So, when are you going to let yourself be happy?  Your homework is to figure out who you are.  In fact, this is the greatest work of your life.  Who are you when no one else is around or watching?  Allow yourself to be that person.  What would you do if you knew that you could not fail?  Even more importantly…what would you do even if there was a chance that you could fail?  What must you do?  It’s now or never.

Only when we live authentically as who we are can we find happiness.  Even if your dharma and passion are not in your day job, find time to give yourself the gift of tapping in to what you love and what makes you you when you can.  Stephen Cope calls our dharma “The gift” and lets us know that it cannot be taken away, only dampened and forgotten about.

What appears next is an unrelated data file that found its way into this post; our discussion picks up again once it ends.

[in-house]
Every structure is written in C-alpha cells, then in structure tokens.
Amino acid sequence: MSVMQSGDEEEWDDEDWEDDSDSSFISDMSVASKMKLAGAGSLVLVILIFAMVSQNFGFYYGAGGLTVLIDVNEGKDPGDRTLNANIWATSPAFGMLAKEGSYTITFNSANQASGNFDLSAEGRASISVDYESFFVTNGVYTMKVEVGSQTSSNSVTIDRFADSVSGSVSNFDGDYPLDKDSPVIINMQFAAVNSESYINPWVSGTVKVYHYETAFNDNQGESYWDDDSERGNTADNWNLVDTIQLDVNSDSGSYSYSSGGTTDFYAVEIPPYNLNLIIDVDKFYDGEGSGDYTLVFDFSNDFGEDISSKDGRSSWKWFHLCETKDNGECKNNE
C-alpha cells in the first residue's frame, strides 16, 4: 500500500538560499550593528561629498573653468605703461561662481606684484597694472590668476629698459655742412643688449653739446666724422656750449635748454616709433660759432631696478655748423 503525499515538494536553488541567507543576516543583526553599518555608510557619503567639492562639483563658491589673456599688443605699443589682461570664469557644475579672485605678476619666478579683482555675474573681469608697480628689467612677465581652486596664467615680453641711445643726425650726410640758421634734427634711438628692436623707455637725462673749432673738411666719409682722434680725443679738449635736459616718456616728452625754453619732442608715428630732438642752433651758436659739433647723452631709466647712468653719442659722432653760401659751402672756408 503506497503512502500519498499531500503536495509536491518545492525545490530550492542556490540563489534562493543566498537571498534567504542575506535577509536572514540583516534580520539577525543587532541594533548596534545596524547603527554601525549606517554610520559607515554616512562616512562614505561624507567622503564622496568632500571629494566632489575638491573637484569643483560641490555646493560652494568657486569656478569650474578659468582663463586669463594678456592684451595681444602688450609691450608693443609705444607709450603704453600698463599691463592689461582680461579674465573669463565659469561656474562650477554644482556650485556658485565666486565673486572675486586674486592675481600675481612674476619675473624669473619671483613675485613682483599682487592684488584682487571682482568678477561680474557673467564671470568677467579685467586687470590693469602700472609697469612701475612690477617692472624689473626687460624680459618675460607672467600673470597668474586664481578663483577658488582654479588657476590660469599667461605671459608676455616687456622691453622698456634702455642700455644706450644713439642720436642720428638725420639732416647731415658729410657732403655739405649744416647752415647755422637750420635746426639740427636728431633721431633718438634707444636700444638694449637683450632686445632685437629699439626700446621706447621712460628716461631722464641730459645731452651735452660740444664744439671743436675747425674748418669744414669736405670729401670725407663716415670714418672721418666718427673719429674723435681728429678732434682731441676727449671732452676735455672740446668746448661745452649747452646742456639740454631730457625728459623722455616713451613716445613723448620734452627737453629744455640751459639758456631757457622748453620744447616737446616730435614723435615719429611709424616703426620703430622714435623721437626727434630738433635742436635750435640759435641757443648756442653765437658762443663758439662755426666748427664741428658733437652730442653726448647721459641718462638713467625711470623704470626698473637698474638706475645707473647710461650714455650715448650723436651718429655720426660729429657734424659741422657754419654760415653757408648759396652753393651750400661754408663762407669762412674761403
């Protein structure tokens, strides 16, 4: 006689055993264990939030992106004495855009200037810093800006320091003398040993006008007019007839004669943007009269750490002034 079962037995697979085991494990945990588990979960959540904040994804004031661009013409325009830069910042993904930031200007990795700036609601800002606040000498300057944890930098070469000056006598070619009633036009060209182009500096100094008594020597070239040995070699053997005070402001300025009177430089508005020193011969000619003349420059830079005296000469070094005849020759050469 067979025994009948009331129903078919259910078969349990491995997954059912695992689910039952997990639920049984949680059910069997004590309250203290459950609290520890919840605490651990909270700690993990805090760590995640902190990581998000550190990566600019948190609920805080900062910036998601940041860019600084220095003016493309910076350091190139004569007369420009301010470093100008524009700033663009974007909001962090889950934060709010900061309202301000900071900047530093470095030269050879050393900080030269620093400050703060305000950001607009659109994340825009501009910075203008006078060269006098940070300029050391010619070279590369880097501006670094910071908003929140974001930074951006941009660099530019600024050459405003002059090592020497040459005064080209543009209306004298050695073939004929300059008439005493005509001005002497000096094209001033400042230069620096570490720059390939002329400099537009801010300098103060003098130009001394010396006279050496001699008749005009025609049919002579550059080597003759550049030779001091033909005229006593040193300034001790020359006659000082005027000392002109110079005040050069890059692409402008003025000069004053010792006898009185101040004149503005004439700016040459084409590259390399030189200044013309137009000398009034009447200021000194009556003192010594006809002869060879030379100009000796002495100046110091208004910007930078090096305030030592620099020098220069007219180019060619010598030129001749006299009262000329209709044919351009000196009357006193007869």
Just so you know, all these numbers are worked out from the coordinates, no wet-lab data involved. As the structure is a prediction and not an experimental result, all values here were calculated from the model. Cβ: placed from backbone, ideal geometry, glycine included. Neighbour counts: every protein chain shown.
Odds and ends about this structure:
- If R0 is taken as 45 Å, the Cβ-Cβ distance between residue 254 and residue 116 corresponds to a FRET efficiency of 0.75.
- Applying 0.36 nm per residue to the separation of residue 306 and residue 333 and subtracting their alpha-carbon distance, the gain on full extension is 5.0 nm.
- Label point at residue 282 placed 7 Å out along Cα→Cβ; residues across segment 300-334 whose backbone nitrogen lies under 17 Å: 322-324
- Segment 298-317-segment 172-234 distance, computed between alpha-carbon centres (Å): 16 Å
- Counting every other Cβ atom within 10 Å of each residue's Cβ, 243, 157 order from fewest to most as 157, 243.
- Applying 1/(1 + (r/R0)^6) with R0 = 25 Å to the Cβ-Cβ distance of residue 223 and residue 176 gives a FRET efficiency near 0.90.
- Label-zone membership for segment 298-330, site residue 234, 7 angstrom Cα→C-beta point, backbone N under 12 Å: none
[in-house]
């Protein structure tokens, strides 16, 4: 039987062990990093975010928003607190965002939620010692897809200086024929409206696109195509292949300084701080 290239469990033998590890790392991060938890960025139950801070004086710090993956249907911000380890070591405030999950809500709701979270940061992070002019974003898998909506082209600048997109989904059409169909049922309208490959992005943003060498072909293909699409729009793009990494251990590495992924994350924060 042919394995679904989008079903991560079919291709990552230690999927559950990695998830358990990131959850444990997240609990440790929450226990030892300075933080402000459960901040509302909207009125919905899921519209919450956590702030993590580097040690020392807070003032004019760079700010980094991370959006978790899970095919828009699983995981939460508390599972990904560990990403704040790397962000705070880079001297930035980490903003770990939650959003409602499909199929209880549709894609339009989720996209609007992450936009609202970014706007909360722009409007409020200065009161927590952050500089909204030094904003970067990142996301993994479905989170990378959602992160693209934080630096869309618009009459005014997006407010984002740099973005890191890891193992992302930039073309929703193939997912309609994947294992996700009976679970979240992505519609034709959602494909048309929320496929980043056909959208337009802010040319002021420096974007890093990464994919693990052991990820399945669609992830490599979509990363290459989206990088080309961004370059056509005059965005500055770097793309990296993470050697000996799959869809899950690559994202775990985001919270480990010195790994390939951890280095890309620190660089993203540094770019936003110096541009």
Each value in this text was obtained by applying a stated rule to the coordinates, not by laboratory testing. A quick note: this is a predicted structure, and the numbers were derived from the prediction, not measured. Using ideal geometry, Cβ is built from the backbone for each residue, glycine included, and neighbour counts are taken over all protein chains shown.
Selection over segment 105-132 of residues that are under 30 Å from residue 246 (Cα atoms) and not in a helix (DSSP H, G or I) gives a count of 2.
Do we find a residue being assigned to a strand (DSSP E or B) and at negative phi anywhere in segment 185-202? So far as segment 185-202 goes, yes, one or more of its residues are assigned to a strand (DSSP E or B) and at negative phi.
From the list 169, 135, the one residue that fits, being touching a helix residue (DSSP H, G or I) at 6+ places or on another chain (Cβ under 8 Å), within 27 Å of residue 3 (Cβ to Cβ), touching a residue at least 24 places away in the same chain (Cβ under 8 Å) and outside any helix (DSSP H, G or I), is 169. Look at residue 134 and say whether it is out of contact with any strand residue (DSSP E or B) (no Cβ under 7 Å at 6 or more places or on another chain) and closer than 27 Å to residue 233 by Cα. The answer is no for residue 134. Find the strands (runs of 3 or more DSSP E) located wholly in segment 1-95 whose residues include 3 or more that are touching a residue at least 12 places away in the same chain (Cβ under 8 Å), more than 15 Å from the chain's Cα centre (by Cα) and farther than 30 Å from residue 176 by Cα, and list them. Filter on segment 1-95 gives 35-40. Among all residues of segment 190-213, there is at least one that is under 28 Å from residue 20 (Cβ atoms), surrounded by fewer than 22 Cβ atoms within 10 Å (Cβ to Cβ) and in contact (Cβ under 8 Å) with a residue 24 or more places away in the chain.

Go be yourself today.  No one else can be.  You are the best you there ever was.  The world needs what only you can bring.

I believe in you.

Talk again soon.

k